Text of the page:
How is Epilepsy and Seizures Rated?

Epilepsy and Seizures

What are Epilepsy and Seizures?

Epilepsy is a central nervous system disorder in which brain activity becomes abnormal and causes seizure or periods of unusual behavior, sensations, and loss of awareness. Seizures are defined as a period of abnormal electrical brain activity which causes the body to act uncontrollably and oftentimes unconsciously. Seizures can also cause the brain to sense things that aren’t there, or hallucinate. Common symptoms associated with epilepsy and seizures include:

  • Severe shaking of the body
  • Unconsciousness
  • Drooling
  • Mumbling
  • Falling down
  • Vomiting
  • Fear
  • Anger
  • Confusion
  • Sweating
  • Fear, anxiety, or déjà vu

Symptoms vary depending on the type of seizure someone experience; however, when someone has epilepsy will tend to have the same type of seizure each time. Epilepsy has no identifiable cause in approximately half the people with the condition. In the other half, the condition may be due to various factors which can be related to veterans’ military service.

Epilepsy and Seizures in Veterans

Approximately 3 million adults had active epilepsy in 2015. The Veterans Health Administration (VHA) estimated that the amount of veterans with epilepsy under treatment at the VA was 13.8 per 1,000. Out of these veterans, 13% were less than 45 years old, 39% were between 45-65 years old, and 8% were female.

How to Get VA Disability Rating?

To get a VA disability rating a doctor must have witnessed the veteran have a seizure and performed neurological testing. If a doctor has not seen a seizure, the veteran will not be service-connected for epilepsy. The doctor should also document the frequency and severity of the veteran’s seizure. After a diagnosis is made, the veteran must also show proof of an in-service event and a medical link connecting the diagnosis to the in-service event.

Veterans may also be able to get service connection on a secondary basis. Veterans are at higher risk of developing epilepsy than the general public due to the higher likelihood that veterans will have traumatic brain injuries (TBI). Therefore, if a veteran has service-connected TBI, they may be able to get service connection for epilepsy on a secondary basis.

Types of Epilepsy and Seizure Conditions

  • Grand Mal Epilepsy. Features a loss of consciousness and violent muscle contractions.
  • Petit Grand Mal or Absence Seizures. Involves brief and sudden lapses of consciousness.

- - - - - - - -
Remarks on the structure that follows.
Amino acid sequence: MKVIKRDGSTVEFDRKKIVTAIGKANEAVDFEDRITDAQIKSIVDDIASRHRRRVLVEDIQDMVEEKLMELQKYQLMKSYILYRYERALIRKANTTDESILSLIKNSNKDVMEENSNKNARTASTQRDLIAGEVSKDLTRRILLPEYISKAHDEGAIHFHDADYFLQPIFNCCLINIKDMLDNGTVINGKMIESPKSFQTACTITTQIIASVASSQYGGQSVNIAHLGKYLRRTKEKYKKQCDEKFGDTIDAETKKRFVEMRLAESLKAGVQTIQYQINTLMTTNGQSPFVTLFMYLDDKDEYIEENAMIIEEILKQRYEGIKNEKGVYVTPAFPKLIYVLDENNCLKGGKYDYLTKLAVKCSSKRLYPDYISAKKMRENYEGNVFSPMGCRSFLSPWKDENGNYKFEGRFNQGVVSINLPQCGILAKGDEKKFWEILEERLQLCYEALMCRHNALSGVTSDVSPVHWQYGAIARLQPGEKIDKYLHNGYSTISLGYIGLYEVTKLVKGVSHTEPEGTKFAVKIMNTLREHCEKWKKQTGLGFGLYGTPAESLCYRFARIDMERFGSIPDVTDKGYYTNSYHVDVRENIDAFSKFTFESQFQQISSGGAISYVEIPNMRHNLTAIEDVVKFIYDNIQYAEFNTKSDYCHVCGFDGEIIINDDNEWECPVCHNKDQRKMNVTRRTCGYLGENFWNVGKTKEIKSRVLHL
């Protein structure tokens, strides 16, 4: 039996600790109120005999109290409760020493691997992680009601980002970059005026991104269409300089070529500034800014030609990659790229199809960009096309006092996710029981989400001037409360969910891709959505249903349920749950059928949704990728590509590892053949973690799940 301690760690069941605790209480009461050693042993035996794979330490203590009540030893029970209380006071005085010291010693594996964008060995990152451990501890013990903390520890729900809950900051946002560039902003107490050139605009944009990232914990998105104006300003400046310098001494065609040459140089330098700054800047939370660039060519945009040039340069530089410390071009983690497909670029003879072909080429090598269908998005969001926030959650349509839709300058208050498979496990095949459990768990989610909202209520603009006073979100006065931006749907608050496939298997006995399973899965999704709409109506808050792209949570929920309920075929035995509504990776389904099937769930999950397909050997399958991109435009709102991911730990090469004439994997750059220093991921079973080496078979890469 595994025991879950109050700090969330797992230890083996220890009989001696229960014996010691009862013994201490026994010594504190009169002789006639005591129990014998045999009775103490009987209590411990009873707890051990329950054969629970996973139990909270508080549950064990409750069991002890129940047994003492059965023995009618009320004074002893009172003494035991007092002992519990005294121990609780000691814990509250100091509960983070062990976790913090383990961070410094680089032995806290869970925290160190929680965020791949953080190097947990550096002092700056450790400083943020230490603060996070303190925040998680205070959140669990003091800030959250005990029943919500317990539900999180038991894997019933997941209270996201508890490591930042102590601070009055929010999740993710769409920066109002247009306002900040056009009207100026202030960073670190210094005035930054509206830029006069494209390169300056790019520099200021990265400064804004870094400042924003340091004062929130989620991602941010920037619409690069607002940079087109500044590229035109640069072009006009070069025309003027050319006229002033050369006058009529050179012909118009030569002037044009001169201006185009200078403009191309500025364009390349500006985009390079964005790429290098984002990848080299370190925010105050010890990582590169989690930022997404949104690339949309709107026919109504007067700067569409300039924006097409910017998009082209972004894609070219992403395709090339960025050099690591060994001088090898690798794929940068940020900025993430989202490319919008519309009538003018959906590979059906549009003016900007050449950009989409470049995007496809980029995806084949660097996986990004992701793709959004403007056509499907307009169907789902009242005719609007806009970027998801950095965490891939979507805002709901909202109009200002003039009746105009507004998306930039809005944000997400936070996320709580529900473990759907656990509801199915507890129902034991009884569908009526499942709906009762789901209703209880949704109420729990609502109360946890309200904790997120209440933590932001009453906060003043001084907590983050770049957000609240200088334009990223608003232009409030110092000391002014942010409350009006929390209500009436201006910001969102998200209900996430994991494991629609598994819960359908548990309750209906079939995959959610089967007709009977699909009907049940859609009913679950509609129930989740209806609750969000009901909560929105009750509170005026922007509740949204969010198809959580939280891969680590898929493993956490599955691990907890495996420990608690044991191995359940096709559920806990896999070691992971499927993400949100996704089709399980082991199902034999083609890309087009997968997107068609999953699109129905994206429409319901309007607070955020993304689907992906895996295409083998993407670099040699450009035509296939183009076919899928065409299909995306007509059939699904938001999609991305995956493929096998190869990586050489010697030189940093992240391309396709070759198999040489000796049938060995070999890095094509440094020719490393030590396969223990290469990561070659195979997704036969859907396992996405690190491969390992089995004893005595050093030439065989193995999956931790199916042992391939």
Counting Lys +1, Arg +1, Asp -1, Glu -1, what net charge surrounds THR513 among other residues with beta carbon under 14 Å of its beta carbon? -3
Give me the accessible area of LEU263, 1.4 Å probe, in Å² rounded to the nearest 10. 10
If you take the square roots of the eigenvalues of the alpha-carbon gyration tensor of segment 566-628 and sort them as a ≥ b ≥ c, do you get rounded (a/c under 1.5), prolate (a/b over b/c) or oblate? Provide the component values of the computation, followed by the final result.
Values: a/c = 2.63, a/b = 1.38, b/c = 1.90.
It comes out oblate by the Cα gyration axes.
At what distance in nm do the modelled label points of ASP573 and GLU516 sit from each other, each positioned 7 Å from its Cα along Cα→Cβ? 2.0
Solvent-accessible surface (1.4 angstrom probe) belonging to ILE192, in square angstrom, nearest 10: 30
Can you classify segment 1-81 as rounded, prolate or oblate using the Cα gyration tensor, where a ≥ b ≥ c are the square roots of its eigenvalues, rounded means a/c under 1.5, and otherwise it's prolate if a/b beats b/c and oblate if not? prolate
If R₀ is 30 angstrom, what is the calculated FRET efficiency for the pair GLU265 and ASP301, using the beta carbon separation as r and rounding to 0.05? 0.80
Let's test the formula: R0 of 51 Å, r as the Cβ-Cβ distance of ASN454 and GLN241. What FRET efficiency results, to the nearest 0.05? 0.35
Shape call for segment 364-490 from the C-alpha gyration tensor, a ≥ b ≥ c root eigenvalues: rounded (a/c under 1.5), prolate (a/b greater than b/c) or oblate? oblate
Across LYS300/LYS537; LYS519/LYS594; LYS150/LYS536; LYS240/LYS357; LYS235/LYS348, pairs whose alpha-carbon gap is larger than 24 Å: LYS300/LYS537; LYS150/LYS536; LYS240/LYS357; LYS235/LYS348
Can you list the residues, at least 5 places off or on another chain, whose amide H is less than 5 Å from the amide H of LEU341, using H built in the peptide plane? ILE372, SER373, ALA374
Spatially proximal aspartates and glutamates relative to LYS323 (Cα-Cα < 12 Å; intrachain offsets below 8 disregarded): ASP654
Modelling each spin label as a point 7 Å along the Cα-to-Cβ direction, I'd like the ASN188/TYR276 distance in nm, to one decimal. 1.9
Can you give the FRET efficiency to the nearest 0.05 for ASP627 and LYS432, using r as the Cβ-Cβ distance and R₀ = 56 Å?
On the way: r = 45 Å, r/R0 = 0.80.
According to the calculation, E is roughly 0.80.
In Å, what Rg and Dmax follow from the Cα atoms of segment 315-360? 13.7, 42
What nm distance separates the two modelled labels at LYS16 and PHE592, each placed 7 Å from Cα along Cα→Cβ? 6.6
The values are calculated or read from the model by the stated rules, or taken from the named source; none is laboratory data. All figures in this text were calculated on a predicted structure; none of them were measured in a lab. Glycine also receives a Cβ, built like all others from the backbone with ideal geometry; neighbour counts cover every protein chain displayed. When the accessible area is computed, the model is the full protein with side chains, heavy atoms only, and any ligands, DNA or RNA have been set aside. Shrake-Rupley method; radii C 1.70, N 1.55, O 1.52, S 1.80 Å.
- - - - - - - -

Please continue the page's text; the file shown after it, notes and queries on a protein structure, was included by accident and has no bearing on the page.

• Focal Motor Epilepsy. The result of abnormal activity in just one area of the brain. There are two types: focal seizures without loss of consciousness and focal dyscognitive seizures.
  • Jacksonian Epilepsy. Involves a brief alteration in movement, sensation, or nerve.
  • Psychomotor Epilepsy. Occurs in the temporal lobe of the brain and results in the impairment of responsiveness and awareness.

How is Epilepsy and Seizures Rated?

There are two different categories of seizures. Major seizures are classified as ones that affect the entire brain. Typically a major seizure includes loss of consciousness and uncontrollable shaking. Minor seizures affect only portions of the brain. These seizures cause only brief interruptions in conscious control with symptoms like mumbling, rocking, or twitching.

Rating Major Seizures Minor Seizures
100% 12 or more in the past year N/A
80% 4-11 in the past year 11 or more a week
60% 3 in the past year 9-10 a week
40% 2 in the past year 5-8 a week
20% 1 in the past 2 years 2 in the past 6 months
10% Requires constant medication to control seizures or there is a definite diagnosis of epilepsy with history of seizures Requires constant medication to control seizures or there is a definite diagnosis of epilepsy with history of seizures

 

Bosley & Bratch have been supporting veterans in getting the benefits they deserve since 1995. If you or a loved one served, and suffer from epilepsy and/or seizures, we are here to help. Call Bosley & Bratch at (727) 274-9227 or complete our free veterans benefits case evaluation form.

 

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How is Epilepsy and Seizures Rated?
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